RENO, Nev. (AP) Nevada Gov. Steve Sisolak says the state is exploring options for weapons-grade plutonium that the federal government secretly shipped to a site north of Las Vegas.
The U.S. Department of Energy has disclosed that it already shipped one-half metric ton of weapons-grade plutonium to a nuclear security site in Nevada despite the state's protests.
Nevada had been asking a court to block the planned shipments and doubled down on that request Wednesday after the government revealed that it had already sent some of the radioactive material months ago.
Sisolak said at a news conference in Carson City late Wednesday that the state is pursuing "any and all legal remedies," including contempt of court orders against the federal government and anyone else involved.
He described the months-long negotiations with energy department officials over the plutonium shipped from South Carolina as a "total sham" and says they put Nevada residents at risk.
The Energy Department says the timing and the route the plutonium took to Nevada is classified information.
Energy department lawyers say no more shipments of weapons-grade plutonium are planned.
Justice Department lawyers said in a court filing late Wednesday that Nevada's lawsuit aimed at blocking the shipments is now moot.
But state lawyers say their request to block the plutonium is more critical than ever after the energy department misled them about the shipments.
They say the government has created the "palpable suspicion" that more shipments are coming to Nevada.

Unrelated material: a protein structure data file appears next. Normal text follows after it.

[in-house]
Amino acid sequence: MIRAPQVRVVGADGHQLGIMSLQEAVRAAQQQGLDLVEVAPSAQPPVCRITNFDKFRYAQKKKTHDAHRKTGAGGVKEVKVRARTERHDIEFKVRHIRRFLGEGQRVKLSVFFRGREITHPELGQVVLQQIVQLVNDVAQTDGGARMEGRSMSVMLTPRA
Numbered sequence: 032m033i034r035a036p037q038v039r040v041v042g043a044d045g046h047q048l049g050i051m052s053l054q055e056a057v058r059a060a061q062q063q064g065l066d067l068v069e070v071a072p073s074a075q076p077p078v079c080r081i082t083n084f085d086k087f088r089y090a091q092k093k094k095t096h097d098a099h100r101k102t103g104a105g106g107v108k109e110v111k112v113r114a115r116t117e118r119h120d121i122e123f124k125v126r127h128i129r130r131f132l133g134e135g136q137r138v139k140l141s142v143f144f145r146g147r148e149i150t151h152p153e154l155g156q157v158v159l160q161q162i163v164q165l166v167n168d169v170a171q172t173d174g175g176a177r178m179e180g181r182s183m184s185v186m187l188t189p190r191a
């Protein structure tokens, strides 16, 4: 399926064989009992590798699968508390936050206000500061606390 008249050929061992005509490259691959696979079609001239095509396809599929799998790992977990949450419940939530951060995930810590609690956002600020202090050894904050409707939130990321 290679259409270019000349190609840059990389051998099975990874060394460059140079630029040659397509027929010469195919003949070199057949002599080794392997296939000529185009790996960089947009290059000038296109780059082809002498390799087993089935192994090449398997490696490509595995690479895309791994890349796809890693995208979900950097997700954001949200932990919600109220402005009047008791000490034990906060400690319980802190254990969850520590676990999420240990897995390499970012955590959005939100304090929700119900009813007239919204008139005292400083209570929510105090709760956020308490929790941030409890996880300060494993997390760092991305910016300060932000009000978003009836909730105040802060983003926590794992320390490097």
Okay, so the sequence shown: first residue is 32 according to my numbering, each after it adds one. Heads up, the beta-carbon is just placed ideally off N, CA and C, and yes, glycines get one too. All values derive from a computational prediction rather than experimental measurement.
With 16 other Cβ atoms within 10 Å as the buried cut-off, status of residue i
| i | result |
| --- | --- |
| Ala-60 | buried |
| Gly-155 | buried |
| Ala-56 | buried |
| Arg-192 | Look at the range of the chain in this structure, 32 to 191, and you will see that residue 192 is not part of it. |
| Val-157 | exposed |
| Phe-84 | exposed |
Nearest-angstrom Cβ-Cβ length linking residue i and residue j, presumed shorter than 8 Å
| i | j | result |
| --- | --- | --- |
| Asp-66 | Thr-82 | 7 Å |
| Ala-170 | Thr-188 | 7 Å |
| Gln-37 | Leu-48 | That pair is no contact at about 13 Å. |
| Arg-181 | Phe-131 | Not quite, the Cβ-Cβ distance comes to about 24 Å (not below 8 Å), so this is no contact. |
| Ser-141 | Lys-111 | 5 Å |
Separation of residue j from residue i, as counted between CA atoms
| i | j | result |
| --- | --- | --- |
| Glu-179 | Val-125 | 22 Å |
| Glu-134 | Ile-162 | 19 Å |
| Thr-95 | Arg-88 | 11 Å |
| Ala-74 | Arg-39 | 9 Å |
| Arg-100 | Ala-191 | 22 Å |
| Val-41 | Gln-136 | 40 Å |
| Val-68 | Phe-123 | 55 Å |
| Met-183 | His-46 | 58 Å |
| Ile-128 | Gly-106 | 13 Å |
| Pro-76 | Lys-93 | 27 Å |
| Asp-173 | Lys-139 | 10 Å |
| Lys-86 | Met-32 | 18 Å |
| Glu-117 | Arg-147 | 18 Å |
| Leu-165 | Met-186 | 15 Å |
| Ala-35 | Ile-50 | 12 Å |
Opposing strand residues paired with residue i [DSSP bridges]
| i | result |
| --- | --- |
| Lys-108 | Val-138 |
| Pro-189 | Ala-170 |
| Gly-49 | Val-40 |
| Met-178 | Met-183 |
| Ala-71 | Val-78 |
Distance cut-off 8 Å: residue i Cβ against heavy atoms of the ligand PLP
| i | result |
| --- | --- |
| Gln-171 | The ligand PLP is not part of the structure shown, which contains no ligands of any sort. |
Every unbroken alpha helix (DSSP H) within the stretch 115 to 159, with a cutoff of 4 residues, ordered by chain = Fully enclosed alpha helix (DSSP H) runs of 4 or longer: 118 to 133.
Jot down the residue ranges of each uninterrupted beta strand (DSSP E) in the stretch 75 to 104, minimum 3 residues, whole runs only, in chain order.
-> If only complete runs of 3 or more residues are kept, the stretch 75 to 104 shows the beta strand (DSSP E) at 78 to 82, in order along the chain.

The energy department approved shipping a metric ton of plutonium to Nevada from South Carolina by 2020. Its lawyers now say any additional material moved out of South Carolina will go elsewhere.
Nevada's congressional delegation has joined Gov. Sisolak in expressing outrage over the U.S. Energy Department's new disclosure that it has secretly shipped a half metric ton of weapons-grade plutonium to a site north of Las Vegas.
Sen. Catherine Cortez Masto says she's demanding that department officials come to her office on Thursday to explain how such a "reckless" decision was made.
Sen. Jacky Rosen called the move "deceitful and unethical."
The Democratic senators, along with Democratic Reps. Dina Titus, Susie Lee and Steven Horsford, are vowing to work with Sisolak, also a Democrat, to do whatever they can to keep any more plutonium from being shipped from South Carolina to Nevada.
The state argues the DOE has failed to adequately study the potential dangers of moving the material to an area that is subject to flash floods and earthquakes, and that the state's lands and groundwater may already be contaminated with radioactive materials.